“You remember too much,
my mother said to me recently.
Why hold onto all that? And I said,
Where can I put it down?”
― Anne Carson
I have been accused of remembering too much, holding on too tight, not being willing to forgive.
I’m working on forgiveness, a continual form of spiritual practice it seems.
I’m playing with the harmony of forgiveness and self-protection and advocacy. Where do I need to grow more? Forgiveness doesn’t mean reconciliation, it means recognizing the other’s humanity and giving them the room to feel better, to know they aren’t causing you pain.
After all, the other side of me says – no one is capable of “making” anyone feel anything. It is a choice to feel what we feel, for the most part. When I feel crappy and depressed I feel crappy and depressed. No one makes me – circumstances may be lousy and there are times during deep rottenness I feel driven and optimistic and ready to expand into deep transformation.
(I can say clichés with the best of them.)
Thing is, I remember.
I can’t stop remembering.
I don’t want to stop remembering. (Here, try this prompt with me)
It is like telling an artist to remove certain colors from her palette. “No more purples, Julie. You need to focus solely on green.”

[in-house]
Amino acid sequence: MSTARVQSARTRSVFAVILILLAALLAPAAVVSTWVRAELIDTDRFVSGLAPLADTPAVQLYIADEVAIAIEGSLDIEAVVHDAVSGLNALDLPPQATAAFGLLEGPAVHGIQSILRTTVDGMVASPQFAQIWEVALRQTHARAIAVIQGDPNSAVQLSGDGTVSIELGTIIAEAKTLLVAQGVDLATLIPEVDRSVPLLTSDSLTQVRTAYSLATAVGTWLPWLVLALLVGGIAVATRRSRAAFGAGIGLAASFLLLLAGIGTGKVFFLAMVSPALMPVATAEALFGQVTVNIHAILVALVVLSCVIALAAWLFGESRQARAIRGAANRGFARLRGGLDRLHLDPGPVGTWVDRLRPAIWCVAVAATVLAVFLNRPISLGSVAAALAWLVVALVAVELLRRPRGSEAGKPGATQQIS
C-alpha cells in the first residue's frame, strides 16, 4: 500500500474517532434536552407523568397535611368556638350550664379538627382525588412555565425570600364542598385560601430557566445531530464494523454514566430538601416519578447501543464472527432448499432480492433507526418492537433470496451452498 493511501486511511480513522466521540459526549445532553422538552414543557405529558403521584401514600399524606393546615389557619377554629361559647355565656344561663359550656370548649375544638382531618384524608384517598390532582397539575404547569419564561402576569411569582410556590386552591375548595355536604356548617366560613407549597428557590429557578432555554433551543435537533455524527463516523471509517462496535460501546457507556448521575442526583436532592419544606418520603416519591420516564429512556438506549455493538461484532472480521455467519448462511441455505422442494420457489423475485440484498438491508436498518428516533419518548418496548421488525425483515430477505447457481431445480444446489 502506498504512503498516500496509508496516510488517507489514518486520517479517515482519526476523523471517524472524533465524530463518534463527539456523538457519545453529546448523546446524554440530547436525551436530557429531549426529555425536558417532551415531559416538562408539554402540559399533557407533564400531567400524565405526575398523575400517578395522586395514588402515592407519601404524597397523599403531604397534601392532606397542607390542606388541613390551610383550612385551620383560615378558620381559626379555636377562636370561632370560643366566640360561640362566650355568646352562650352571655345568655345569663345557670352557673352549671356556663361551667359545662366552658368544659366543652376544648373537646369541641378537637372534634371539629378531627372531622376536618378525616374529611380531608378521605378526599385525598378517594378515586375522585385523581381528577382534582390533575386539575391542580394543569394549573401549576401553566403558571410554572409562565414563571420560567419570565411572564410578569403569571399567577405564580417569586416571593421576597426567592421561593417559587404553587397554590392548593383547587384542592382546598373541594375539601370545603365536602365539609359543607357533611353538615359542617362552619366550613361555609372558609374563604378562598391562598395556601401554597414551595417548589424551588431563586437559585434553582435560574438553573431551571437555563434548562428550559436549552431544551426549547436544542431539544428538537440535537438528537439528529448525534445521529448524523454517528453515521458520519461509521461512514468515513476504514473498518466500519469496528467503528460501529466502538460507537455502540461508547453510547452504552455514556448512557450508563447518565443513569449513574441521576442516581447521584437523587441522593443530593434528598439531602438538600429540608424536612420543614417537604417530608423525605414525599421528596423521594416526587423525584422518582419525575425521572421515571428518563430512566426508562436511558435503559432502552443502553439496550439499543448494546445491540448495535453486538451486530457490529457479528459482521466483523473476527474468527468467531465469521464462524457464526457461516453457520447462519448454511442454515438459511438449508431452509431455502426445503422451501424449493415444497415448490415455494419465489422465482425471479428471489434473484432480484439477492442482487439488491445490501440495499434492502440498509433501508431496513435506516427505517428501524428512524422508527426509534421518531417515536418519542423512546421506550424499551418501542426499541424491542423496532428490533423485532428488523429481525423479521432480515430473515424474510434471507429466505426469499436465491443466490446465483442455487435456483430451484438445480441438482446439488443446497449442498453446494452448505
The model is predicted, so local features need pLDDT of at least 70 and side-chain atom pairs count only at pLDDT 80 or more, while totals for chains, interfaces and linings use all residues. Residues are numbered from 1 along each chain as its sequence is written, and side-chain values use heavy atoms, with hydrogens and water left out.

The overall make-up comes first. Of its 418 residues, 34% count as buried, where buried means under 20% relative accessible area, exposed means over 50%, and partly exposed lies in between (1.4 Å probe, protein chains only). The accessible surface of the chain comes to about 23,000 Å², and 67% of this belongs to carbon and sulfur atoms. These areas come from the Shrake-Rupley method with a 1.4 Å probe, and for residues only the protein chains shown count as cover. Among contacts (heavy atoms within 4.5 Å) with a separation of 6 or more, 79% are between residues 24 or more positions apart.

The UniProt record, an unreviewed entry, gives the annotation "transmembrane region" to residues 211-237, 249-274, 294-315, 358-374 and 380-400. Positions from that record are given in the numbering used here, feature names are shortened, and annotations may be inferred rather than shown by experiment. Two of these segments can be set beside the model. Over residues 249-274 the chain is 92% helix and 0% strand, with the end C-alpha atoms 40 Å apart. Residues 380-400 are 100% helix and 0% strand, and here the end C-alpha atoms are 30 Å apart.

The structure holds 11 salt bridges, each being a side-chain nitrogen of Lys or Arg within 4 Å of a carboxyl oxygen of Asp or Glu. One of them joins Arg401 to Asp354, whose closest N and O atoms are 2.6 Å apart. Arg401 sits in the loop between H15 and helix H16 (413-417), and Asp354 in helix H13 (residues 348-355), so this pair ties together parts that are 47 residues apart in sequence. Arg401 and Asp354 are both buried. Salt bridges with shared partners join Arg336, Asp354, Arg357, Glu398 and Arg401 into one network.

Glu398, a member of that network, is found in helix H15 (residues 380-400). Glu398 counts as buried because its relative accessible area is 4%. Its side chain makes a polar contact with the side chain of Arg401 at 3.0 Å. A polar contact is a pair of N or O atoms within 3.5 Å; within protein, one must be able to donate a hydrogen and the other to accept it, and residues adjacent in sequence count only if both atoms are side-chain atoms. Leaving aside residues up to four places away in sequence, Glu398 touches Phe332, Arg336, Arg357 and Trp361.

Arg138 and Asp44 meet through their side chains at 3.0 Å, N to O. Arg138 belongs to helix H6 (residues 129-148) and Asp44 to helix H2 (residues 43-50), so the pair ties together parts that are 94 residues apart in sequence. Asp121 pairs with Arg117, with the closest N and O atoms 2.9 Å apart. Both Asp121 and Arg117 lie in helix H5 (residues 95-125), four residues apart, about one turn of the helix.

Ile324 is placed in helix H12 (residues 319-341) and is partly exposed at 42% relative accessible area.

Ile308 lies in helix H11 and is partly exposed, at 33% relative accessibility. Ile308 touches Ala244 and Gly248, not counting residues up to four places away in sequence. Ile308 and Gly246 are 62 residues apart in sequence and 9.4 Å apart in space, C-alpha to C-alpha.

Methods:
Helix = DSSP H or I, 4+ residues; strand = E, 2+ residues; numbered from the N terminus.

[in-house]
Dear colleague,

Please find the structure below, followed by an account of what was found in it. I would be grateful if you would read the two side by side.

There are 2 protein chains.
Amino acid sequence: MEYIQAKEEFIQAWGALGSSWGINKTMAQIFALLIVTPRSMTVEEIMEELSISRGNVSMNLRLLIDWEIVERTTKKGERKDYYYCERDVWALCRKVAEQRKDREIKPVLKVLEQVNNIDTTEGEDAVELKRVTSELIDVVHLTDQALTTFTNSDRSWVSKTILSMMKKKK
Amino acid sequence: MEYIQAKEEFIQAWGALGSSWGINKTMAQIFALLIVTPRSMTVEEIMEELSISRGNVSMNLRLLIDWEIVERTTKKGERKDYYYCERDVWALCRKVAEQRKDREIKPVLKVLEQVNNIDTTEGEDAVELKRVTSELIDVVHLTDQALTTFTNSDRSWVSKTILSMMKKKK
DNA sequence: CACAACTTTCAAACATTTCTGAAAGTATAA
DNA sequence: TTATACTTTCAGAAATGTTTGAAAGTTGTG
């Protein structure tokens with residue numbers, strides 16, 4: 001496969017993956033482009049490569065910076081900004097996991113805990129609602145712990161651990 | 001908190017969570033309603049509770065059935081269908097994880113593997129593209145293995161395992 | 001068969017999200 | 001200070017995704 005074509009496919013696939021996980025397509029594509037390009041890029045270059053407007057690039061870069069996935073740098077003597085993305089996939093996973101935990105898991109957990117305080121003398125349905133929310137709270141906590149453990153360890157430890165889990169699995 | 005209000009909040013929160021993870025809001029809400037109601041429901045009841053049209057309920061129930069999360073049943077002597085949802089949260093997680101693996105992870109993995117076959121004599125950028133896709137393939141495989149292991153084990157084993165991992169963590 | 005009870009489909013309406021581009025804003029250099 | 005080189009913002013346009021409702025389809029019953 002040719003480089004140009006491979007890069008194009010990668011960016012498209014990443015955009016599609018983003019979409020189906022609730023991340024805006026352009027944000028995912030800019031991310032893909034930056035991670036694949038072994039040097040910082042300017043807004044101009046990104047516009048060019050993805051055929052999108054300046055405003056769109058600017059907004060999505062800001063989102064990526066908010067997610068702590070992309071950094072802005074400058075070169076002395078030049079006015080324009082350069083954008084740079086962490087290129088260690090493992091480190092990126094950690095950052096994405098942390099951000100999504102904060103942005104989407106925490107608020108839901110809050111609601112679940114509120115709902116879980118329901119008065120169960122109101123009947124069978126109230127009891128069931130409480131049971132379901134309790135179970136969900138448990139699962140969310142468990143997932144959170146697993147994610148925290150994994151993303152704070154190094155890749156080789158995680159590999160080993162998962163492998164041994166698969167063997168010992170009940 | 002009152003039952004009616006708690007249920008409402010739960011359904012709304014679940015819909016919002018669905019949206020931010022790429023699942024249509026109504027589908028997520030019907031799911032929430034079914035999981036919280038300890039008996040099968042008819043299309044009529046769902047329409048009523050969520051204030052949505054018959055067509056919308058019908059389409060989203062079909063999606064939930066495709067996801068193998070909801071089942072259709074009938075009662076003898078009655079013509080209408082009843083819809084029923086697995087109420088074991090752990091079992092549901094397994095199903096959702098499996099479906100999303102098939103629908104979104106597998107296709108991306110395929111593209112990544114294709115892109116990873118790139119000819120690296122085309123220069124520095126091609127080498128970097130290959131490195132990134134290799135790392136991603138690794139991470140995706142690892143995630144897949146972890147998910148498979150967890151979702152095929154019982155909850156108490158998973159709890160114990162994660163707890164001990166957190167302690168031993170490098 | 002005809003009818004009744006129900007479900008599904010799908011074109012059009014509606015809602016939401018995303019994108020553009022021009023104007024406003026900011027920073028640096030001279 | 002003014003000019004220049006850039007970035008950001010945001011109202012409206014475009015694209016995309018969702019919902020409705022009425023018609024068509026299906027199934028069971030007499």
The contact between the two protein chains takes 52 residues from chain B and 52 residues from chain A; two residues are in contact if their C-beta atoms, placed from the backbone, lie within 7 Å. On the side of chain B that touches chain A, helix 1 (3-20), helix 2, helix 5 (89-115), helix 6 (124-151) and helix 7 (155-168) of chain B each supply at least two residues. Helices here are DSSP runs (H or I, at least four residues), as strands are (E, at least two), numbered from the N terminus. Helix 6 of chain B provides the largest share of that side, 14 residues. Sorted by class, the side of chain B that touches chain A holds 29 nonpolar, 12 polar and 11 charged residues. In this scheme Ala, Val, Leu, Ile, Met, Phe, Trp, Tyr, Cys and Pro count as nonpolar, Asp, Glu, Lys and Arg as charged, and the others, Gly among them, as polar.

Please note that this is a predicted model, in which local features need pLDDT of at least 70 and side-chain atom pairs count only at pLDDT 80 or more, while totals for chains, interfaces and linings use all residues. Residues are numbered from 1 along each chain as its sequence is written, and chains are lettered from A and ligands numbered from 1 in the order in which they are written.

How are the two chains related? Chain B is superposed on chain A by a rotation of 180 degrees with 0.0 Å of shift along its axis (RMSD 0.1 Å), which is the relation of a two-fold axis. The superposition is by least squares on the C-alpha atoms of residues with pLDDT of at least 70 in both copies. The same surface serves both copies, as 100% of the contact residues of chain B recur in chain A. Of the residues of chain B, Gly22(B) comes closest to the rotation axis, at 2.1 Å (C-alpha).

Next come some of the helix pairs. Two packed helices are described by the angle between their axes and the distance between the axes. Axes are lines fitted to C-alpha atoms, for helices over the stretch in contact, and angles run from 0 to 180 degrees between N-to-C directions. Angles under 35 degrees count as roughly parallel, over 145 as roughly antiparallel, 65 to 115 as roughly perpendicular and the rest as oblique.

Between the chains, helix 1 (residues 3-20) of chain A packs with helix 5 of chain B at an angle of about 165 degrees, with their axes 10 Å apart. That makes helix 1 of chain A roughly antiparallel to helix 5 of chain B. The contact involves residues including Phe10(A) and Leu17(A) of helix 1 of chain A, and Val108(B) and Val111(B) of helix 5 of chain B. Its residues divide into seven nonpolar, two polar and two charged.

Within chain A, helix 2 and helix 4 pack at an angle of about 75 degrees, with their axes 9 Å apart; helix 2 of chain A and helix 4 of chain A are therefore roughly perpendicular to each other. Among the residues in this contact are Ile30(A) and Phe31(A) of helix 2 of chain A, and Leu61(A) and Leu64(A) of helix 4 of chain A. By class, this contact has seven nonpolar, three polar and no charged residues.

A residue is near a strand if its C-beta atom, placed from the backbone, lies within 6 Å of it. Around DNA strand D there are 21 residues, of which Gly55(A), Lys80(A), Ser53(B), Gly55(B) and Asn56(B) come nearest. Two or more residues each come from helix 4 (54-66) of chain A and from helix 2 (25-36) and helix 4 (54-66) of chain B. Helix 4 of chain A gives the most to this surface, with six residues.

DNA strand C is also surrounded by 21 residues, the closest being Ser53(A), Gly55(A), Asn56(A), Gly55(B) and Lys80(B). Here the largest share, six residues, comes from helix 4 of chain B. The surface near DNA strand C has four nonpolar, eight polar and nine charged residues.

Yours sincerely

Doesn’t work for me.
I don’t focus only on the bad memories, either, I appreciate a memory concert. Here a memory of being the ultimate silly one, there a memory of a cloudy afternoon in 1983, I can hear the conversation, I can feel Mel’s arms wrapping me in compassion, I can feel the incredulity rising up in my chest.
I hadn’t remembered that in a couple decades but it comes to life and pours itself onto the page exactly when I need it most.
Why would I want to stop remembering? It is my ultimate super power – translating memory into words and reaching out with them to you and to you and to you.
My timer went off and I watched my neighbor slouching toward her SUV. I cant remember the last time we exchanged niceties. Perhaps, now, the memories will float up.
I think it was most likely about the tulip magnolia tree her husband planted and I was so excited I set aside her cat hating, sneering demeanor and loved her for a moment instead.
Perhaps, yes, right now, I will choose to love her in my thoughts, prayers and actions more often. If I hadn’t elected to remember, watch and continue to write from memory, I would only see the slouch and the sneer.
I will not give up my memories to you. Or him. Or her. Or them.
I will use the grace of the memories as transformational tools to work for the greatest good of all.
That feels so…. perfect. Just right, here and now.